Warmer, drier conditions also mean harder and less work for the region’s hundreds of thousands of farm workers. This week, Jesús Zúñiga has been up at. 3 to get to the fields at. “I choose tomatoes – which is one of the hardest jobs out here,” he said, showing the thick calluses that have developed on his hands. For hours every day, the harsh valley sun carries down on its back as it curls over the tomato vines. Once he has collected 50 pounds of fruit, he sprints down over the neat, watered rows to dump buckets full of the fruit on trucks. His harvest ends in grocery stores as well as fast food restaurant chains.
On several days this week, the temperatures reached dangerous heights at 10 o’clock. “So on these hot days we are only able to work five or six hours before we start to get sick,” he said. “But then we only get paid for five or six hours.” At $ 14 an hour, that’s not enough to pay his rent and sky-high electricity bills or to support his family of five.
“At the end of the shift, we are wet. Everything is wet with sweat. “Sometimes my head starts to hurt and I get dizzy,” he said. “That is, when I begin to be in doubt, so many doubts: why are we here at all?”
Agricultural workers die of heat about 20 times the national rate, according to the Centers for Disease Control and Prevention. But when the climate crisis triggers longer, warmer heat waves, the risk to agricultural workers will increase, says Michelle Tigchelaar, a researcher at Stanford University. Based on climate models projecting a global temperature rise of 2F (1C) by 2050, Tigchelaar discovered that farm workers currently working through an average of 21 dangerously hot days a year will see the number nearly double over the next few decades.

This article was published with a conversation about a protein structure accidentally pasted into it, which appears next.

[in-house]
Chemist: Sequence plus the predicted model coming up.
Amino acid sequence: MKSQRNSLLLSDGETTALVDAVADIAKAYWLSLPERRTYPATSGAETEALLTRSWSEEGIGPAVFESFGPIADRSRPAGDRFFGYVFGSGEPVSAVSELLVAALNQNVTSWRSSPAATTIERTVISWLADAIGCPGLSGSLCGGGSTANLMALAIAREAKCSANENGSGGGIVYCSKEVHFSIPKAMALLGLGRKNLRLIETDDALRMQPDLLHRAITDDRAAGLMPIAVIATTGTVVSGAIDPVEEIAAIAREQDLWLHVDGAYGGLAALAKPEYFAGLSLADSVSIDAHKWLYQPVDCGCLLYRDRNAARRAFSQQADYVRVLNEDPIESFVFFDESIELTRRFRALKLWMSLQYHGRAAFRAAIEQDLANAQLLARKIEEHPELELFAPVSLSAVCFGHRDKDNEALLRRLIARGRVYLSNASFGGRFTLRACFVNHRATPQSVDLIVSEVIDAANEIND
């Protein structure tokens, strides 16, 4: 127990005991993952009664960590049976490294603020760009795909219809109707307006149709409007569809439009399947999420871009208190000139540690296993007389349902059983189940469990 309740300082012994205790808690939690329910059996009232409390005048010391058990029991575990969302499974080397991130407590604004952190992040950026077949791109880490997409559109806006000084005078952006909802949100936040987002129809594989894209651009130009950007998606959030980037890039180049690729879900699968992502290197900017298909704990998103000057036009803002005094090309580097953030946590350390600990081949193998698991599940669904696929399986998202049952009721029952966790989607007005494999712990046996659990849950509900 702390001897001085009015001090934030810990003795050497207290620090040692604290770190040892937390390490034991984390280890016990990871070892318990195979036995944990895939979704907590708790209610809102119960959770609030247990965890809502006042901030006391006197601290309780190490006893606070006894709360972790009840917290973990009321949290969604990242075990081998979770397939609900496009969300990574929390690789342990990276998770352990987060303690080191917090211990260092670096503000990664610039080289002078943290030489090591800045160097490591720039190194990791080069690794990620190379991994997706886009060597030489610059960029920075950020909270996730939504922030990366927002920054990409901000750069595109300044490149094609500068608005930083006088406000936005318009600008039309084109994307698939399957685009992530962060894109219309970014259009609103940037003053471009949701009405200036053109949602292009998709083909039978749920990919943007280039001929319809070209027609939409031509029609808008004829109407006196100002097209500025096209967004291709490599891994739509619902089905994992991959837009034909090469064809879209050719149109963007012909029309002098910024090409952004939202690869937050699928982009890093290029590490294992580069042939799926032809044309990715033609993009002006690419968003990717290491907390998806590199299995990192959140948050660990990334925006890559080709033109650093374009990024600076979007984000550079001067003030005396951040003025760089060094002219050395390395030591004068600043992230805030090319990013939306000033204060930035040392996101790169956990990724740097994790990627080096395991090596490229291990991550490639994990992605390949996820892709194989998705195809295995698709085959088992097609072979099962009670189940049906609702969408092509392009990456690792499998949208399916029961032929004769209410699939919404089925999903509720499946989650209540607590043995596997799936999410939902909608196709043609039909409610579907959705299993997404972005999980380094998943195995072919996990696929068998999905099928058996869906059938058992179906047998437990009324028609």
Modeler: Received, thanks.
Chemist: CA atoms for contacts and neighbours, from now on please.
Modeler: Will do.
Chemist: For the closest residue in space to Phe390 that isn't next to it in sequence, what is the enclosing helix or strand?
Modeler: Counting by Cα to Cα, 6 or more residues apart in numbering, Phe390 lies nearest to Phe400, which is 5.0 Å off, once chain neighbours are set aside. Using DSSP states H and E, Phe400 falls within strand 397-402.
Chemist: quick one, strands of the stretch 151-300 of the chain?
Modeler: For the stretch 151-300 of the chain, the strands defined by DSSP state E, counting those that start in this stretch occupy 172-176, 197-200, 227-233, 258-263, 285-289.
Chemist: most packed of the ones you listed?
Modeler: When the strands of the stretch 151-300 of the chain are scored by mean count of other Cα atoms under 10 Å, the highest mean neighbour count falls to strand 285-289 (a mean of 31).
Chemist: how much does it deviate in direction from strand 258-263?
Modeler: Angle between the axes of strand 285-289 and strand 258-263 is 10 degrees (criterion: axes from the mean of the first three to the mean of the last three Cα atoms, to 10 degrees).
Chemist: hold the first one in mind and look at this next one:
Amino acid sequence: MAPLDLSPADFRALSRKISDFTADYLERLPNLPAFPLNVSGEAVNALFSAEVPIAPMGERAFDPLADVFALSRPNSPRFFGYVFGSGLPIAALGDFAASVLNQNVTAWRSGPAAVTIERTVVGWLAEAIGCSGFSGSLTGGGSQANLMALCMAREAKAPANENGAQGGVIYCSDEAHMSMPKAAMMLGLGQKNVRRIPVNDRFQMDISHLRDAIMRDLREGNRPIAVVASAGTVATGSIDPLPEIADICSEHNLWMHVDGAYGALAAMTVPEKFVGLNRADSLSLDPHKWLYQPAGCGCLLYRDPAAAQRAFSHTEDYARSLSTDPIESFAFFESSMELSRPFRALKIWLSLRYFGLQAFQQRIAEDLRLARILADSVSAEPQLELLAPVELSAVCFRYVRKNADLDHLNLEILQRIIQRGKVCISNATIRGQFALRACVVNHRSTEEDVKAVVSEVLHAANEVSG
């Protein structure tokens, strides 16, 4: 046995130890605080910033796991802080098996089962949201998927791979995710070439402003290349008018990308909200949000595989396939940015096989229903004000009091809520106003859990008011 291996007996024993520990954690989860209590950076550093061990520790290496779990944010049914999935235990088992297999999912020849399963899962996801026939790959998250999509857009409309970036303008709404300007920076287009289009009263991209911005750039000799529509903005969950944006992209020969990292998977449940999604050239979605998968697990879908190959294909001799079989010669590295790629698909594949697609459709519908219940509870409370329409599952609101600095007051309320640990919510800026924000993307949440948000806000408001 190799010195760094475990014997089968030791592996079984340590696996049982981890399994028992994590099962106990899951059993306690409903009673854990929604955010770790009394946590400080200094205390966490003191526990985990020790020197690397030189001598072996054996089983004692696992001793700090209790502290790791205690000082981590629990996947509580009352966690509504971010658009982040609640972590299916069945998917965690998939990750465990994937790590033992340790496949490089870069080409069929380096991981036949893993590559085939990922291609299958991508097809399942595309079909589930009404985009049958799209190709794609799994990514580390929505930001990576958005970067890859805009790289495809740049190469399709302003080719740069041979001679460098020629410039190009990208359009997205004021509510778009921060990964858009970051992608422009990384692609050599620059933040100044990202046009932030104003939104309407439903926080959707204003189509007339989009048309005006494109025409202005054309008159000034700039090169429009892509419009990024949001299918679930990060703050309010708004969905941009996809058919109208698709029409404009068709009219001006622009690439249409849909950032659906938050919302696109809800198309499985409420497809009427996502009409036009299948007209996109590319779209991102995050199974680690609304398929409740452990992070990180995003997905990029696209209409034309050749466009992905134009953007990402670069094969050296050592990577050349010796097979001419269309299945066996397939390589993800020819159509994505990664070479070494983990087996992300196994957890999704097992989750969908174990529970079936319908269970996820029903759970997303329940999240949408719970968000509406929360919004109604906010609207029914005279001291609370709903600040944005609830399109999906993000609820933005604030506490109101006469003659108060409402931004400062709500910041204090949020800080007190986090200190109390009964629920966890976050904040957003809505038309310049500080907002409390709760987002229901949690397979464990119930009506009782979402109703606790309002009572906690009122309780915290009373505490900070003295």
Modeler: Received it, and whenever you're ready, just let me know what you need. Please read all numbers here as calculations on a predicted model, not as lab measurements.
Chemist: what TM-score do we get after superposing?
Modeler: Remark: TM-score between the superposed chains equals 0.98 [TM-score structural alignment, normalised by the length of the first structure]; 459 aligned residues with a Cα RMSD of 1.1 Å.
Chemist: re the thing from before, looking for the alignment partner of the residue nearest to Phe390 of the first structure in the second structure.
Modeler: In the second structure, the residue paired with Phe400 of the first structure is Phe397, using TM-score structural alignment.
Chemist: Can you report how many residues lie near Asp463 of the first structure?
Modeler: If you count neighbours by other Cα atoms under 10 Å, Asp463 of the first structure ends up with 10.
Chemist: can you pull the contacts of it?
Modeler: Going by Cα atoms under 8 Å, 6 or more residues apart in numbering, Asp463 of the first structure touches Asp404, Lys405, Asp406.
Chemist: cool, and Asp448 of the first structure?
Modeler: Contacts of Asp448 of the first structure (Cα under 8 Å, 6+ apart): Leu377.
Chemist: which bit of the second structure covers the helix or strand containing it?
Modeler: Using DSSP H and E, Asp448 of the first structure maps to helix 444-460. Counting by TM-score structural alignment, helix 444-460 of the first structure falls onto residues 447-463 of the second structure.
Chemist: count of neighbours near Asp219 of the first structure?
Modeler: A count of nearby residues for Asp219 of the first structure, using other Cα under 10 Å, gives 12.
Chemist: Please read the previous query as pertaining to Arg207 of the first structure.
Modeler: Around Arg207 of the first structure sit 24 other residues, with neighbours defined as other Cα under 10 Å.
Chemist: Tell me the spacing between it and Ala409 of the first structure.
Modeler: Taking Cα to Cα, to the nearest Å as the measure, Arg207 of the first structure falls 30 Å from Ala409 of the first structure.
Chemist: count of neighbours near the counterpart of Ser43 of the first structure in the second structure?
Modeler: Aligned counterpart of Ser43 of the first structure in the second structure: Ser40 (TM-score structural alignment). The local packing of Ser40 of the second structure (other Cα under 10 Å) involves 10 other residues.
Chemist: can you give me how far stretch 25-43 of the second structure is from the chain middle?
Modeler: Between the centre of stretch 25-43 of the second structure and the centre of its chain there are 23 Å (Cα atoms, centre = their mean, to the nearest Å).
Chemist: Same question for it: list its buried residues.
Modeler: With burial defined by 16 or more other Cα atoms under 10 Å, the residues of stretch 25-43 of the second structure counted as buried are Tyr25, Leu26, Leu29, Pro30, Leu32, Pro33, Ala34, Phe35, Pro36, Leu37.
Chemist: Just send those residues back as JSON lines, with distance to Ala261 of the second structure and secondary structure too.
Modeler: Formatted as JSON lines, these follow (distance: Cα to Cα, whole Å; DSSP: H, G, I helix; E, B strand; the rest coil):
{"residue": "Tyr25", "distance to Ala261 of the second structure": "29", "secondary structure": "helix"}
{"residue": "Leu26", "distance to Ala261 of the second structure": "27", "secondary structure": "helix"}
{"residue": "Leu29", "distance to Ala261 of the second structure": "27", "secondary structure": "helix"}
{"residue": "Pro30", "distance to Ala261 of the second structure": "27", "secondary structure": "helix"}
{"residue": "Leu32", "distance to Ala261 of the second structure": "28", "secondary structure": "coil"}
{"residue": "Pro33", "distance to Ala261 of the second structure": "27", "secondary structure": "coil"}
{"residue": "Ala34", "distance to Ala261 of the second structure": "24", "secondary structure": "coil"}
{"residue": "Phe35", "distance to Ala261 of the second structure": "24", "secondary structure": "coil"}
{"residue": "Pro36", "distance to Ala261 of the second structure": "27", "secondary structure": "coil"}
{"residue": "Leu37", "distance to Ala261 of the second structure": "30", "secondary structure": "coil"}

In some parts of the Central Valley, the heat index will, for most of the summer, surpass what even healthy, young and well-hydrated workers could safely handle, according to the study published last year. “These are the hidden costs of keeping our supermarkets and stores well-stocked,” she said.
In Fresno, the wide sidewalks were eerily empty in the late afternoon. The 500,000 people living here were all withdrawn to air-conditioned homes, shopping malls, or public libraries. At the regional medical center in the center of Fresno, Dr. René Ramirez that he had already seen a couple of patients coping with severe sunburn, heat exhaustion and other heat-related illnesses in the emergency department that day. Many of his patients do not have insurance, and many suffer from underlying health problems, including heart disease, high blood pressure and, in a region with some of the worst air pollution in the country, asthma. All of these conditions make it harder for people to cope with extreme heat, even those acclimatized to high temperatures.
“From my perspective, everyone should have the right to refrigeration, whether at home or in community centers,” he said. “I think it’s something that is an inherent right.”
Nora Madden, 65, who has lived in her car or stayed in motels for the past year, said her usual strategy for surviving heat waves is to buy a bag of ice cream from the dollar store in the morning, store it in her ice box and chew the dice all day.
But by Thursday afternoon, it had gotten too hot to sit in her car, so she went to a refrigerator downtown. The city opens these centers when the temperature is expected to reach 105F (41C) or higher. “But what about when it’s 103F or 100F?” Said Madden. The sharp, non-shady rows of concrete that make up some of Freno’s poorest neighborhoods are forgiving hot islands. “Shall we die at 103?” she said.